We here at Accidental Epicurean are looking at ways of expanding the reach of our site beyond Southeast Asia. As part of that mission we’re going to start doing a weekly series of “epicurean concepts”…these could be words that you’ll find on a fine dining menu, boutique ingredients, dining etiquette, etc. (if there’s something specific you’d like addressed or something you learned in a painful / embarrassing way and would like to spare others the embarrassment hit us up in the comments or via the contact page).
We’ll start the series with one of my favorite dining terms – Amuse-Bouche.
An Amuse-Bouche literally means “to amuse the mouth” but I’ve also heard it loosely translated as a perfect bite. An Amuse-Bouche isn’t like an appetizer in that it’s sent out by the chef and not selected by the diner.
You should be able to eat an Amuse-Bouche in one bite, but I have run across some that require a couple of bites… some were so tasty I certainly didn’t mind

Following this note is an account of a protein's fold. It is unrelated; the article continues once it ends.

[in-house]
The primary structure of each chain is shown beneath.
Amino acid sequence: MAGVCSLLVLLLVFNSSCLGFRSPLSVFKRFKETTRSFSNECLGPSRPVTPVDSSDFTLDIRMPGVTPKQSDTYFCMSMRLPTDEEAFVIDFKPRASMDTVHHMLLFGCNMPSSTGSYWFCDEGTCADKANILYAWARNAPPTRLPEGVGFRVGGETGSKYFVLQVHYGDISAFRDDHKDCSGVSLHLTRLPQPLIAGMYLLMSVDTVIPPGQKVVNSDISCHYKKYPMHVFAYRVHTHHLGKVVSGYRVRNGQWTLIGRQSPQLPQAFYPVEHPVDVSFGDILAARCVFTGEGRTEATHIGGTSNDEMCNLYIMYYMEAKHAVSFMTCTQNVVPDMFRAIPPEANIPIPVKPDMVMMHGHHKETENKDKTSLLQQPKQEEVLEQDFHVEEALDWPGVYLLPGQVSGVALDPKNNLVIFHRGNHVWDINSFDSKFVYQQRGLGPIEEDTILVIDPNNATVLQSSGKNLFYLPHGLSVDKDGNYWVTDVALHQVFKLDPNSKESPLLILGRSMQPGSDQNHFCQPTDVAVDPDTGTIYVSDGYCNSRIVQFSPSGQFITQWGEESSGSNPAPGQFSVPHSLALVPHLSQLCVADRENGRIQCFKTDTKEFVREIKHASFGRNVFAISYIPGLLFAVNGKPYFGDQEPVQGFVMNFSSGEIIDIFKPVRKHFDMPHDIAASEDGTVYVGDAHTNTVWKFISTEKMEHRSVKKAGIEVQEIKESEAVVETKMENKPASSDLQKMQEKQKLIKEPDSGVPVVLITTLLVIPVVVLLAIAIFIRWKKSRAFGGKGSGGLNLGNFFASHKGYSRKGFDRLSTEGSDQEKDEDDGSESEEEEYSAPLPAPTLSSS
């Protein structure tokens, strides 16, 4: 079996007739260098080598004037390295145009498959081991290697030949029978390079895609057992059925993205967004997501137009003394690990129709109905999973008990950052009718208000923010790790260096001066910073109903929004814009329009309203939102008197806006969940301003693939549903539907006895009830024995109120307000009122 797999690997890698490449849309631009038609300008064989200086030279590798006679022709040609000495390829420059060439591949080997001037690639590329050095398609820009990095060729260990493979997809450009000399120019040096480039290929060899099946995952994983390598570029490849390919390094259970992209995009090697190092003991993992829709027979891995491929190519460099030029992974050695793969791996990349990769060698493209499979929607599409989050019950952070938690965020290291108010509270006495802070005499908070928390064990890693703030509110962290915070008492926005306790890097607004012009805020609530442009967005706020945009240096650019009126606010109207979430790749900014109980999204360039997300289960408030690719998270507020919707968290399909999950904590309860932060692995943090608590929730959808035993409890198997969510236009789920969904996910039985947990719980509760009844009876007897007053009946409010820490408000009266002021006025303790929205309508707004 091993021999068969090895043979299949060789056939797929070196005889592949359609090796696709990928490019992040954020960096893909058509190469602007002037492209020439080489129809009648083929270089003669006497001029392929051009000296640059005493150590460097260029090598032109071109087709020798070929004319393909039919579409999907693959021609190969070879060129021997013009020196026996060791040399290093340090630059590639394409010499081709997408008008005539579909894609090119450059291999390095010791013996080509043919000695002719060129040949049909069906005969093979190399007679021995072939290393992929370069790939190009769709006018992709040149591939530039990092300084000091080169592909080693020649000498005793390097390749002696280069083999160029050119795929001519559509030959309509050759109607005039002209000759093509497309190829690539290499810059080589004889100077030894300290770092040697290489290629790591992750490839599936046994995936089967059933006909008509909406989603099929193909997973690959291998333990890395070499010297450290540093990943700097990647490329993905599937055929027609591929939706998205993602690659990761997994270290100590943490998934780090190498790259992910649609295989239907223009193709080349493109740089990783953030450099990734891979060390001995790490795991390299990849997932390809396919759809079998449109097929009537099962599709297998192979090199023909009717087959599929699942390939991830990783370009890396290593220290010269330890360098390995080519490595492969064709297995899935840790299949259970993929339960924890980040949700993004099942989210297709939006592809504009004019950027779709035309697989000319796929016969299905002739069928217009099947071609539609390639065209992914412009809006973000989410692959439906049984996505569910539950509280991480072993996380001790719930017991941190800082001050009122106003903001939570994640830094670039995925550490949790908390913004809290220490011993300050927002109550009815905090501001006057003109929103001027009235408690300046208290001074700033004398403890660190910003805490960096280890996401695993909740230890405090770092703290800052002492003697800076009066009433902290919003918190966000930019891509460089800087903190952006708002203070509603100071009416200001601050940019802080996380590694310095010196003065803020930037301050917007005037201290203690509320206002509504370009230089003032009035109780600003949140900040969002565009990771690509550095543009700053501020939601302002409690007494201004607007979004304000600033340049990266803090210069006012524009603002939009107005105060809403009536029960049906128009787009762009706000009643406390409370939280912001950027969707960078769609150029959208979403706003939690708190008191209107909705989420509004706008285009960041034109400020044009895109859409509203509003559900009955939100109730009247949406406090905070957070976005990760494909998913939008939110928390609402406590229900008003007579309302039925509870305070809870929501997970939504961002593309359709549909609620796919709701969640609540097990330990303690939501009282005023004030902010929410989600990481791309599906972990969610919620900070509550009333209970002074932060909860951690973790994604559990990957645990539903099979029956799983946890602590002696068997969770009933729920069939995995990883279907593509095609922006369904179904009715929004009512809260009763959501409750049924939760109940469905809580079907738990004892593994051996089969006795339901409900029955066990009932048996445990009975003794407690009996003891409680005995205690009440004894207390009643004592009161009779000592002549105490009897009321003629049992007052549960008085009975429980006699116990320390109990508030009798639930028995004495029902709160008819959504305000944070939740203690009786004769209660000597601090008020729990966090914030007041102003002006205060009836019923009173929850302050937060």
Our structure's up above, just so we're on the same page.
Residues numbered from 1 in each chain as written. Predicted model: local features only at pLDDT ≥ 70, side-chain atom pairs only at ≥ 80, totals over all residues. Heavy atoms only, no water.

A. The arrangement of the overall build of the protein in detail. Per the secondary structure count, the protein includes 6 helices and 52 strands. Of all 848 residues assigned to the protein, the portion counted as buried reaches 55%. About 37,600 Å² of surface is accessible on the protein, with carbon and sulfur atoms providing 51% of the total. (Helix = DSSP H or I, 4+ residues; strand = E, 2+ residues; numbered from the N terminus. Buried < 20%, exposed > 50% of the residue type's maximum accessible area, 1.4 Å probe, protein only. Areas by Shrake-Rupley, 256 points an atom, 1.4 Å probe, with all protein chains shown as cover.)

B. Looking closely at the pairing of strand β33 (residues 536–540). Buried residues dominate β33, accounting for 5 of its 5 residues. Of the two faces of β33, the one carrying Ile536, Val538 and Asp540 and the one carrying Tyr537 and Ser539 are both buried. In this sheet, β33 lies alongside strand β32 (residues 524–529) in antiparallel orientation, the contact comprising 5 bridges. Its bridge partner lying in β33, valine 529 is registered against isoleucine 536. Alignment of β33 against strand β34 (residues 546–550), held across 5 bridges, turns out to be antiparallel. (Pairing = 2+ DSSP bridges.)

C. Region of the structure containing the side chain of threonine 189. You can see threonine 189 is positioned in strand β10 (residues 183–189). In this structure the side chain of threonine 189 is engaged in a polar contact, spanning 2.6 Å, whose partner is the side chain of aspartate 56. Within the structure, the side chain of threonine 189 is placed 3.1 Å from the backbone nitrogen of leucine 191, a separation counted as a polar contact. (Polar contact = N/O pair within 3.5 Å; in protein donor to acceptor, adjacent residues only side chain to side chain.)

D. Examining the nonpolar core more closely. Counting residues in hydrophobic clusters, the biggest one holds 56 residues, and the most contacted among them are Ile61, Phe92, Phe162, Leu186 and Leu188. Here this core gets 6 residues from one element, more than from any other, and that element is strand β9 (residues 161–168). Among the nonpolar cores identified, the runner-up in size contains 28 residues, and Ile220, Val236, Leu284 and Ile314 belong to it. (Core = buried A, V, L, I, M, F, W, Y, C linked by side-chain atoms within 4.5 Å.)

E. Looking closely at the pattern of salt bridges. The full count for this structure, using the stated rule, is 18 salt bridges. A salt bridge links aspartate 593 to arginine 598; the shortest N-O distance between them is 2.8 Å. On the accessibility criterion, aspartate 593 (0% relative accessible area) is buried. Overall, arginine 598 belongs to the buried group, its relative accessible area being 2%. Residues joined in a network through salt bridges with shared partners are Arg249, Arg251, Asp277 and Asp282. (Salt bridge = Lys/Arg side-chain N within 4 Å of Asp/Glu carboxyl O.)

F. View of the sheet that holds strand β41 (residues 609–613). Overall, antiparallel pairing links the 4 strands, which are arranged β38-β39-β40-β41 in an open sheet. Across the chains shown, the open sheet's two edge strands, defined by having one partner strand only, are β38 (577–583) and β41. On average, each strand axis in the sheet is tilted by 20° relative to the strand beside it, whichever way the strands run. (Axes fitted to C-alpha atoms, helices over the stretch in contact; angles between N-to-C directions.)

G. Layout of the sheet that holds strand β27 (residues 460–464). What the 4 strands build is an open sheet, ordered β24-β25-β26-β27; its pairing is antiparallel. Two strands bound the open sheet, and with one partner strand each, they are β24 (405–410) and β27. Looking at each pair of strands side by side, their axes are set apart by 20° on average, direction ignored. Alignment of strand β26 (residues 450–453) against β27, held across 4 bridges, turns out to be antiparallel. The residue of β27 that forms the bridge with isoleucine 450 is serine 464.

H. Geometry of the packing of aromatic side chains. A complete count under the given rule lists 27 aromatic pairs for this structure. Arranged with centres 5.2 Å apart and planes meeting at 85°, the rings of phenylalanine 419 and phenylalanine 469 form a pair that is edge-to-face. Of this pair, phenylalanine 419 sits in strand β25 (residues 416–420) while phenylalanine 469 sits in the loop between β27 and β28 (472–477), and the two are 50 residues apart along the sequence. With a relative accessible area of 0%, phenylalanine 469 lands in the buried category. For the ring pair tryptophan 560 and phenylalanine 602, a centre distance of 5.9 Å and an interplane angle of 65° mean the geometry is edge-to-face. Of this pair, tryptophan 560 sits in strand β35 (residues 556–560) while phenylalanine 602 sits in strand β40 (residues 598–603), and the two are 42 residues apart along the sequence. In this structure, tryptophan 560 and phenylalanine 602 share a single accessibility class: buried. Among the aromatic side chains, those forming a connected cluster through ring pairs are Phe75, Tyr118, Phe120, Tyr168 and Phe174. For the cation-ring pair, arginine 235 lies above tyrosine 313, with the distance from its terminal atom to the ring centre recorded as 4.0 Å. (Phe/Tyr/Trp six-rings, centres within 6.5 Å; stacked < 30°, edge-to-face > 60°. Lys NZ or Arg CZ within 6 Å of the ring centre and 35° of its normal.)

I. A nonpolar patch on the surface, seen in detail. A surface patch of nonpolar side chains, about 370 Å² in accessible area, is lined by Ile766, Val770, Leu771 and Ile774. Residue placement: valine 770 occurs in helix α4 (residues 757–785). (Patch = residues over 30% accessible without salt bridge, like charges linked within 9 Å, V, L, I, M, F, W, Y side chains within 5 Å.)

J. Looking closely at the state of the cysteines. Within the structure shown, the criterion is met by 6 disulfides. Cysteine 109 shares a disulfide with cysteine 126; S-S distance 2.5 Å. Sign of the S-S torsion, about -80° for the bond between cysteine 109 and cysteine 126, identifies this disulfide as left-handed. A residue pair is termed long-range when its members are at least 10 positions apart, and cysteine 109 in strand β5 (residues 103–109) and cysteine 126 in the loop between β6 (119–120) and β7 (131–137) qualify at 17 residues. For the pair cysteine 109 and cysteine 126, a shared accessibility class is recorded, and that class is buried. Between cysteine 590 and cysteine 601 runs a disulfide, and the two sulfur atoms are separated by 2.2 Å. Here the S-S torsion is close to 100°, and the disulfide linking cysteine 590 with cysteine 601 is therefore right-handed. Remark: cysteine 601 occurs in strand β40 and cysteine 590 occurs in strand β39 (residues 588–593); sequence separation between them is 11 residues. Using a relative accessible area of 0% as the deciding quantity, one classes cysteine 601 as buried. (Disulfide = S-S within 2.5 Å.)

An amuse-bouche tells me a few things about a restaurant the moment it hits the table, regardless of taste. One, that the chef has “fine dining” aspirations as it seems an almost essential course for any Michelin starred restaurant. Two, that the chef is concerned with the tastes and journey the diner will go on during the course of the meal. By that I mean that the chef wants to give a special gift at the start of the meal to awaken the palate, showcase flavors, introduce ingredients, and / or all of the above. Lastly I can tell by looking at the amuse how inventive the chef is. I don’t think that every amuse has to be a wildly creative concoction, but it should be flavorful, respect the ingredients, etc. If a chef can’t handle a single bite, what are we in store for with a whole course?
The amuse pictured up above is one of the tastiest things I’ve ever had the pleasure of eating. It was served to us at Omae Xex, the former Tokyo restaurant of Iron Chef Morimoto now turned over to his long-time sous chef Takeshi Omae. The amuse in question was a lovely beef tartar with eggplant and iberico ham served in a sort of waffle cone. Amazingly this bite edged out the insanely marbled Kobe steak that came out later in the meal. I would have happily dined on a meal of nothing but these wonderful cones of raw beef. We’d previously dined at another 1 Michelin star teppanyaki restaurant while in Tokyo and this amuse told us that though Omae Xex might have the same 1-star rating as the other restaurant, we were in for a whole other level of dining.
What’s your favorite amuse-bouche or have you had one? Let us know in the comments.